Austria sends refugees to Slovakia

Just 18 of an agreed 500 Syrian asylum-seekers arrived in Slovakia on Thursday under a deal with EU neighbour Austria that has sparked protest in the village where they will stay temporarily.

Austria sends refugees to Slovakia
An elderly man from Aleppo, Syria, waits for news of whether he can travel to Germany with his granddaughter. Photo: Kim Traill

Depending on whether their asylum requests are recognised, the Syrians will either be ultimately returned to Austria or deported from the EU, Slovak interior ministry spokeswoman Michaela Paulenova told AFP.

The 18 men were transferred by bus from Austria's Salzburg to a temporary asylum camp in Gabcikovo, a southwestern Slovak village of 5,400 people.

Five hundred asylum-seekers are to be temporarily accommodated in Gabcikovo under the agreement with Vienna.

“This number will be reached in the following two years. We have no information on how many asylum-seekers and when they will arrive. It's up to the Austrian interior ministry,” Paulenova said.

Gabickovo held a referendum last month in which 97 percent of voters rejected the temporary asylum camp, but the interior ministry “is not obliged to act according to its results”, Paulenova said.

Getting off the bus on Thursday, one asylum-seeker thanked “all the good people” for the possibility of staying in Slovakia, local media reported.

But villager reaction on social media was cold.

“Who wants them here anyway? I know I don't,” Gabcikovo resident Beata Lelkes wrote on Facebook.

“Many homeless here would appreciate accommodation like they (migrants) are getting,” resident Zsuzsanna Varga added.

The nation of 5.4 million people is among several eastern EU members staunchly against a system of fixed quotas proposed by the European Commission to distribute 160,000 refugees among the bloc's 28 members.

On Wednesday, leftist Prime Minister Robert Fico alleged the EU was no longer safe and raised the spectre of terrorists entering Slovakia under the guise of refugees, a possibility experts deem unlikely.


‘Discrimination’: Austria’s benefit cuts for immigrants ‘go against free movement’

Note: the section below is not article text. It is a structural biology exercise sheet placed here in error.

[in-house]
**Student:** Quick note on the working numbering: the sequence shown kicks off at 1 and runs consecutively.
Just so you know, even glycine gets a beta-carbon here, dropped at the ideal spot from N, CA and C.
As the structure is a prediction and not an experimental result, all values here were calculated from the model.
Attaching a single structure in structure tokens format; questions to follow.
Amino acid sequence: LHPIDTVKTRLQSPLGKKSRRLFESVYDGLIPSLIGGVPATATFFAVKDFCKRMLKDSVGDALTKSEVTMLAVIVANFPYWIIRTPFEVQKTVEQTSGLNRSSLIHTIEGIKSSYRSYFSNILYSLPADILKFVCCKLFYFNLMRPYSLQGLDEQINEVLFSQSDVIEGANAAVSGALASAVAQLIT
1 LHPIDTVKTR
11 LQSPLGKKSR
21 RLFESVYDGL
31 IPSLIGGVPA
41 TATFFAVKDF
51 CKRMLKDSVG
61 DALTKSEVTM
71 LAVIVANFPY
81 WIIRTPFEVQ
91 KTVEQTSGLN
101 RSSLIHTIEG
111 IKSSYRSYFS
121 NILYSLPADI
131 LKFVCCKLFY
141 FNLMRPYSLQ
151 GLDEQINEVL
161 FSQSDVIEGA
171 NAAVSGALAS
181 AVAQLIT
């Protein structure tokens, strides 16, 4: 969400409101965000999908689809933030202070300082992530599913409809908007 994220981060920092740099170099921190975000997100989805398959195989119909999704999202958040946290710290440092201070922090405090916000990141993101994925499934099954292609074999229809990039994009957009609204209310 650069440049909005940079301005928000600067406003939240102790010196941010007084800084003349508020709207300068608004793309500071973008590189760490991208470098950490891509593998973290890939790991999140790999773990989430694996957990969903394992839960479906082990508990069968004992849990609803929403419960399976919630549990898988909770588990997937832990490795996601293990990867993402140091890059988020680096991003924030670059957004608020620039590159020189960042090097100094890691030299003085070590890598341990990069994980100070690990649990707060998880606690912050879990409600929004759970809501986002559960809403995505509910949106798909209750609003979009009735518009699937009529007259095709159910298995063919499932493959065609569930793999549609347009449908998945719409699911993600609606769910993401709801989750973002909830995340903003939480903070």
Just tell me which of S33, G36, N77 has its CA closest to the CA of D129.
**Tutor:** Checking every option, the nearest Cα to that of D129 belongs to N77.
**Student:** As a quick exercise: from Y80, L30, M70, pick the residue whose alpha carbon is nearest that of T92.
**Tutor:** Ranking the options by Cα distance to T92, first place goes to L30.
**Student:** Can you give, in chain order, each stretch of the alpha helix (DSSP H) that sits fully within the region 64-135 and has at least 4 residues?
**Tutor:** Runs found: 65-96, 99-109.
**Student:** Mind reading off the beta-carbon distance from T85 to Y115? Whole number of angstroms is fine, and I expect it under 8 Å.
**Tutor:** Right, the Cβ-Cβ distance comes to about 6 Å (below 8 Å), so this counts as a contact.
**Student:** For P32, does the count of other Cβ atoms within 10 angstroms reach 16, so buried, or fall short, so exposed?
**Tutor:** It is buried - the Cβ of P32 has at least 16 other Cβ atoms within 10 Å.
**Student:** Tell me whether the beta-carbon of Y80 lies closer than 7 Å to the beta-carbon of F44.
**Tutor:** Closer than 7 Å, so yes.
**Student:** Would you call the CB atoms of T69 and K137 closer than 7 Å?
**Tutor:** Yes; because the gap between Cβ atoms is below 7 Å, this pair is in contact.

Benefit cuts imposed by Austria on immigrants whose children live in their country of origin contradict EU law becasue they constitute "discrimination on the ground of nationality", a legal adviser at the bloc's top court said on Thursday.

A picture of the sign and logo of the Court of Justice of the European Union in Luxembourg
A picture of the sign and logo of the Court of Justice of the European Union in Luxembourg on January 13, 2020. (Photo by JOHN THYS / AFP)

The opinion is the latest legal hitch to befall a series of measures — imposed by a previous government that included the far-right — which sought to restrict benefit payments to foreigners.

Richard de la Tour, advocate general of the Court of Justice of the European Union (CJEU), said the cuts to child benefits constituted “an infringement of the right of free movement conferred on EU citizens”.

The specific case relates to reforms that came into effect in 2019 which indexed child benefits according to where the recipient’s children live.

This meant reduced payments for tens of thousands of eastern Europeans who work in Austria — notably in the care sector — but whose children remain in their countries of origin.

The advocate general’s advice is not binding on the court but it is seen as influential.

De la Tour found that the cuts were “indirect discrimination on the ground of nationality which is permissible only if it is objectively justified”, and that Austria had failed to do so.

They contravened the principle that “if a migrant worker pays social contributions and taxes in a member state, he or she must be able to benefit from the same allowances as nationals of that state”, he added.

In 2020 the European Commission, supported by six eastern member states, brought an action before the CJEU claiming Austria was “failing to fulfil its obligations”.

Former Austrian Chancellor Sebastian Kurz had said he hoped the cuts would save 114 million euros ($130 million) a year but in 2019 they recouped 62 million euros.

The former coalition also introduced benefit cuts for immigrants who failed to reach a certain level of German, but those measures were subsequently overturned by the Austrian courts.

The government that introduced in the cuts was brought down in a corruption scandal in May 2019.

It included the centre-right Austrian People’s Party (OeVP), which is still the senior partner in the current government.

However their current coalition partners, the Greens, opposed the benefit cuts at the time.